An ugly group
Reptiles are believed to be descended from Punga, a son of Tangaroa, the sea god. ‘Te aitanga a Punga’ (the progeny of Punga) traditionally refers to a wide range of sea and land creatures. As well as lizards and tuatara, it includes sharks, sea and freshwater fish, eels, lizards, stingrays, octopus, insects and various birds. As Punga’s descendants these creatures are seen as repulsive, ugly or offensive.
Who was Punga?
There are various tribal traditions about the identity of Punga. In most, he is the son of Tangaroa, the god of the sea. In other traditions, he was the eldest son of Whaitiri, the goddess of thunder, and her husband Kaitangata. Punga was named after the anchor stone of his father’s canoe.
In the late 19th century, there were a number of sightings of large ngārara. In 1875, a large reptile, said to have six legs, was caught near Hokianga. However, its Māori captors were so horrified that they hacked it into unidentifiable pieces. In 1898 a Māori bushman said he had seen a giant lizard, 1.5 metres long. It disappeared, but its footprints were photographed by W. D. Lysnar, the owner of the farm where it was seen.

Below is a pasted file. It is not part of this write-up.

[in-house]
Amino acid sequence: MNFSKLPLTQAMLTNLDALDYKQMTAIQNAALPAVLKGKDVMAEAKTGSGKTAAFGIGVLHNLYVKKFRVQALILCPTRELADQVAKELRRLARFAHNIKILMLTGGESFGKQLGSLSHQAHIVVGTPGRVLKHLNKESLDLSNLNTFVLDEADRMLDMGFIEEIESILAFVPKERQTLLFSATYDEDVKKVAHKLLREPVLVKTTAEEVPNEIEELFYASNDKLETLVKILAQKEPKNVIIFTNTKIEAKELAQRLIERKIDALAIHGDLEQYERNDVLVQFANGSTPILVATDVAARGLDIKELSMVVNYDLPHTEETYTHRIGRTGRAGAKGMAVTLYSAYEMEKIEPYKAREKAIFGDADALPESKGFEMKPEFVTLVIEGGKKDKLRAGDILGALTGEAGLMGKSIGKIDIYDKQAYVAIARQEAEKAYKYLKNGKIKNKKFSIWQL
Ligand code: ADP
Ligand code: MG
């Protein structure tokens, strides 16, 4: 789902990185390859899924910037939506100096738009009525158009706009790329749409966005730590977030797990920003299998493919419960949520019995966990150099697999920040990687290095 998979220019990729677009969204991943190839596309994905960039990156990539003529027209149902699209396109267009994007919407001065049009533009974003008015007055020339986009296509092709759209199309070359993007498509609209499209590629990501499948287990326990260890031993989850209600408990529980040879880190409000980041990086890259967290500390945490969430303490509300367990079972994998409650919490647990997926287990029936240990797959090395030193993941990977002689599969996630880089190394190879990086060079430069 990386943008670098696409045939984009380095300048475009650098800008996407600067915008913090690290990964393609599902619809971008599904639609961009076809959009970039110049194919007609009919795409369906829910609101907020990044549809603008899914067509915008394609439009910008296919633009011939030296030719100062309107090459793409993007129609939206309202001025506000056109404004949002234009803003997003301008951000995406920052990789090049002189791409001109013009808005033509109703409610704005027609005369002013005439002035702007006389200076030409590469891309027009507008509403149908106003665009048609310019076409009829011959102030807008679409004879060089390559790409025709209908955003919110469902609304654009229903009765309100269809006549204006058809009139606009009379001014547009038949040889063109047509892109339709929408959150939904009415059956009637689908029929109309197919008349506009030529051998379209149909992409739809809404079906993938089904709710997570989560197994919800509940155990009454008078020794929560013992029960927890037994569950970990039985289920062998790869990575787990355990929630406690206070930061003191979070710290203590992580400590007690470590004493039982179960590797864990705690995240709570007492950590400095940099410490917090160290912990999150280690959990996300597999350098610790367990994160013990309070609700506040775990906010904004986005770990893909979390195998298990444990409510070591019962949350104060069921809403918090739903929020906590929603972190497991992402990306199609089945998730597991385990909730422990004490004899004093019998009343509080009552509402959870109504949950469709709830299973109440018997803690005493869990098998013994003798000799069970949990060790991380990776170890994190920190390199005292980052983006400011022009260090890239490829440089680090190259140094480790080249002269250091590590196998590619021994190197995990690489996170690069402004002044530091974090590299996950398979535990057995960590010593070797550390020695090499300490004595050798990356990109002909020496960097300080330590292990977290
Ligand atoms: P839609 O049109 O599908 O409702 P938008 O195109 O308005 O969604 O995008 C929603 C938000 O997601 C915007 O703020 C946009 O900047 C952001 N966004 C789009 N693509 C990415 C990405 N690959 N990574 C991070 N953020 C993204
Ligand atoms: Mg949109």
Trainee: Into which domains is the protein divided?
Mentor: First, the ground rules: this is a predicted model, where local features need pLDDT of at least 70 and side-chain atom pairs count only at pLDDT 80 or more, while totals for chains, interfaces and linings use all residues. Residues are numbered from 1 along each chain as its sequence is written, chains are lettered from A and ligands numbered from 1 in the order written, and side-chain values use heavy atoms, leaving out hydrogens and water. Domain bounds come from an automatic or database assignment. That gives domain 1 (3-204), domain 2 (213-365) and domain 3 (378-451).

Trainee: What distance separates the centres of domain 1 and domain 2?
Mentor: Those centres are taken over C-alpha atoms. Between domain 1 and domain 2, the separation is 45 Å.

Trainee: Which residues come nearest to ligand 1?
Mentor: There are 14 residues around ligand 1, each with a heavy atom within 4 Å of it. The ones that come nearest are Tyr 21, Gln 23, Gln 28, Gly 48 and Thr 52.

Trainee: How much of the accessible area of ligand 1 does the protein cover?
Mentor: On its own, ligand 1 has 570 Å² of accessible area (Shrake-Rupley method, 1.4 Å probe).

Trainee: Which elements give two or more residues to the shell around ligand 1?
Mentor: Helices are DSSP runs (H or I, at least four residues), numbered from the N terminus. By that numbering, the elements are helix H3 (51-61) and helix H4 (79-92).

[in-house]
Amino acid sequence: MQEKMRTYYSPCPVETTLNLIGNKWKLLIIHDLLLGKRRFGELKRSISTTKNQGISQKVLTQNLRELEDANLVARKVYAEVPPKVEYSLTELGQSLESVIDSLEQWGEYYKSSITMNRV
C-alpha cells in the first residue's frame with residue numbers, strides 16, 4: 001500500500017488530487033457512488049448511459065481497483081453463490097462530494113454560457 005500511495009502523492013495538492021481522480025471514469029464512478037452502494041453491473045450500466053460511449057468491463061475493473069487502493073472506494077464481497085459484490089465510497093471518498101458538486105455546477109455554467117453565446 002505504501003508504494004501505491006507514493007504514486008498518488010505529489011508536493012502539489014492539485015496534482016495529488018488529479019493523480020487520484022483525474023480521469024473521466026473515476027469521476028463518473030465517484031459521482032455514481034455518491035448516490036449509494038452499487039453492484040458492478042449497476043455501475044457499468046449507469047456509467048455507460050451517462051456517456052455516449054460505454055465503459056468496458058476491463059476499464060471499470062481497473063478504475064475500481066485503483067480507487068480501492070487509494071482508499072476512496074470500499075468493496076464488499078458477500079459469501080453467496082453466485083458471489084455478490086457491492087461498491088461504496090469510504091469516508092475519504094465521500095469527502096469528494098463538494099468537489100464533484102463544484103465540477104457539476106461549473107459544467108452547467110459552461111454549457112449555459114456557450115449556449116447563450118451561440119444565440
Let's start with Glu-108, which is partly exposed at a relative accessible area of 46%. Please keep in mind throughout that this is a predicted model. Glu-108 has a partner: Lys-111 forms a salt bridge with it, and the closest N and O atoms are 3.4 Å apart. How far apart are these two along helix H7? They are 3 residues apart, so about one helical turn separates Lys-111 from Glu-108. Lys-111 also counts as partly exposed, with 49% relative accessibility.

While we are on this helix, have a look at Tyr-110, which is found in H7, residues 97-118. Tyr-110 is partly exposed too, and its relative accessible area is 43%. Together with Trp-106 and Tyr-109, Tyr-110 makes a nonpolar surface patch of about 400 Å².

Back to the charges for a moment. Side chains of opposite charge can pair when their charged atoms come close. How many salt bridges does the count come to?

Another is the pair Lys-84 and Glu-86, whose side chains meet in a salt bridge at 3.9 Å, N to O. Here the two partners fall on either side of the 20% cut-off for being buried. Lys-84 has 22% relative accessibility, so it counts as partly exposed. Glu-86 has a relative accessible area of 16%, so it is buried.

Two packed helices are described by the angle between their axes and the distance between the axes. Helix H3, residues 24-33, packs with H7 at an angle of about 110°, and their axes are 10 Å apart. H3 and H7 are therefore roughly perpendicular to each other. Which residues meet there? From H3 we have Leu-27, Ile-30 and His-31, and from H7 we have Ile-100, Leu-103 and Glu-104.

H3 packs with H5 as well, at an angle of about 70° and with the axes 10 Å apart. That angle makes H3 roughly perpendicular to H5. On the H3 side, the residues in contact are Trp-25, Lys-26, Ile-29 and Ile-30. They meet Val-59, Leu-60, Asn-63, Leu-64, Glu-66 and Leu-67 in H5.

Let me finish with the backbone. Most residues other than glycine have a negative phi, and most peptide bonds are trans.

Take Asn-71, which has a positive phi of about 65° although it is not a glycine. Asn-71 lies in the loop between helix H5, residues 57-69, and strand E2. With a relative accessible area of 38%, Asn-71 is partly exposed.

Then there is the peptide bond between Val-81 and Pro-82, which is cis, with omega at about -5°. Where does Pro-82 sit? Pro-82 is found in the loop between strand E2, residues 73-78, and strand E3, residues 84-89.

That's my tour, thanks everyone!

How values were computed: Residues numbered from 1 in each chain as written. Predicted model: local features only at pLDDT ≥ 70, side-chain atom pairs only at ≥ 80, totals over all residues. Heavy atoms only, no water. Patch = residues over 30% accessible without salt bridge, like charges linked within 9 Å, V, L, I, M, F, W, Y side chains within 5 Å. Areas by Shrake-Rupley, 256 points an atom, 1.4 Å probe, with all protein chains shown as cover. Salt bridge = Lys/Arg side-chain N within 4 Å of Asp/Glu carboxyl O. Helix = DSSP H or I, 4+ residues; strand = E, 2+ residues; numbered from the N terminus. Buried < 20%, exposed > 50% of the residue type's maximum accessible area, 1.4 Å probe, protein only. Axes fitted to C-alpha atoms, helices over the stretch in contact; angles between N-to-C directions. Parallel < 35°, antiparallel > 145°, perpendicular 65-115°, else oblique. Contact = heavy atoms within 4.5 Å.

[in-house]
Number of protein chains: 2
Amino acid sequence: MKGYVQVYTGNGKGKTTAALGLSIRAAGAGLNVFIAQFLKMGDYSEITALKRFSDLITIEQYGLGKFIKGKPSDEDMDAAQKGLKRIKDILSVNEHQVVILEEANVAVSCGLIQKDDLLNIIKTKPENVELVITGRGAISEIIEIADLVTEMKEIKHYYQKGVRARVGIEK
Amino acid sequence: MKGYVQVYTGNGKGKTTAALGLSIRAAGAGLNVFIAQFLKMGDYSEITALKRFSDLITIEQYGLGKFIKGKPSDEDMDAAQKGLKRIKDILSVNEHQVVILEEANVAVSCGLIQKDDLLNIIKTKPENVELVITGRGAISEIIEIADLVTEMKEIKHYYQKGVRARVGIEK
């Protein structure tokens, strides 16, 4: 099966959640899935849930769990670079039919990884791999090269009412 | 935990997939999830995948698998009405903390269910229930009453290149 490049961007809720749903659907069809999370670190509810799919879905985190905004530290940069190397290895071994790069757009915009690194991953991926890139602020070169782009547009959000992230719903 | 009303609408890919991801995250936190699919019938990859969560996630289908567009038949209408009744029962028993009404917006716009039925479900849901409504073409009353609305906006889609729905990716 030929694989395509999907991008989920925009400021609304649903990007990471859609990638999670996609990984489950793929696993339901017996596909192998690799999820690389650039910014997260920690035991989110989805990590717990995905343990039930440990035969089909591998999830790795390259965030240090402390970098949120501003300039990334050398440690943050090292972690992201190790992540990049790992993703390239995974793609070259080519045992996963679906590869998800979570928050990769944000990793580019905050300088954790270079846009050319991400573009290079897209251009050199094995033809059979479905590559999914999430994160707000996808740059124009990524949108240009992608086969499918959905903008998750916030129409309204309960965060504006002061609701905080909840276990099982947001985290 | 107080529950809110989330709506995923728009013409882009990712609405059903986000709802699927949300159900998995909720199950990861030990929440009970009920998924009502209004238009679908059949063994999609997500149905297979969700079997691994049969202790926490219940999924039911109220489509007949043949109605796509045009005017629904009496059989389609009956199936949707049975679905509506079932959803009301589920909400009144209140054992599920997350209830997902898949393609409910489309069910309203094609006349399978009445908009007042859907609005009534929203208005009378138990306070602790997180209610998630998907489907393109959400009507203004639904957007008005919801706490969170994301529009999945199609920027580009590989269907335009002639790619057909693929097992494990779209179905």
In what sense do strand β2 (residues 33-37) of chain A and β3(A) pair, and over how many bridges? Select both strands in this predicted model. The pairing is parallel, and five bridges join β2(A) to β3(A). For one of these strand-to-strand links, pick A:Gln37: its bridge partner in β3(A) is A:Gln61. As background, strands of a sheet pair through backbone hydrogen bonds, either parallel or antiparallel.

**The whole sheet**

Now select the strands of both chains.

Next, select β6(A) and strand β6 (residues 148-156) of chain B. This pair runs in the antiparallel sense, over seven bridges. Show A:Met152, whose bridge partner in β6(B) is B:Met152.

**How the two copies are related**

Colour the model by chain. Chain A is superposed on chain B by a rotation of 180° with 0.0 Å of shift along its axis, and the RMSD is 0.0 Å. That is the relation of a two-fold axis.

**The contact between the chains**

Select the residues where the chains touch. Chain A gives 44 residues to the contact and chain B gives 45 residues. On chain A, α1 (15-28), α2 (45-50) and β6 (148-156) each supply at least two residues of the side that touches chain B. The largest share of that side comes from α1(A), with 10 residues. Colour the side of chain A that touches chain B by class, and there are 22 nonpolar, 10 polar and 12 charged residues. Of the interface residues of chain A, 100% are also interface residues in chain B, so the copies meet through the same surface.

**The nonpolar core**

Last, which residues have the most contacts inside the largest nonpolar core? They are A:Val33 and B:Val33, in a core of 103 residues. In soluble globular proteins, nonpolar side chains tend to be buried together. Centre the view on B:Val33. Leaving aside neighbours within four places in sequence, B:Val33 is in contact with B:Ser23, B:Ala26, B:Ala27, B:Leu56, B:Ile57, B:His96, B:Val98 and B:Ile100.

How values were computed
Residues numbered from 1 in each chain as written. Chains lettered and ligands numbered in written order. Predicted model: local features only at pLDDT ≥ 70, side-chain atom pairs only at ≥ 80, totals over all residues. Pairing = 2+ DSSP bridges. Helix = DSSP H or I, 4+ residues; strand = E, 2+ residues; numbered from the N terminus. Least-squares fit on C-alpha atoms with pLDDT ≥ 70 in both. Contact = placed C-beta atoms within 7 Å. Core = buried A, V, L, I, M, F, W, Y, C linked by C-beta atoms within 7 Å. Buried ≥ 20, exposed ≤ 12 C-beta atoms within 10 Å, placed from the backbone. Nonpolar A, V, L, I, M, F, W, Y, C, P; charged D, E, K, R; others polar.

Sayings about Punga
‘Te aitanga a Punga’ or ‘te whānau a Punga’ (Punga’s offspring) were terms for ugly people or dark-skinned, ill-favoured people.
The saying ‘Me aha hoki, ngā uri o Punga aruaru kai’ (what does it matter, these are descendants of Punga who chased food), describes an objectionable person who is likely to be shunned at a feast. It refers to Punga’s behaviour in his guise as a shark – when he approaches food, the other fish move away quickly.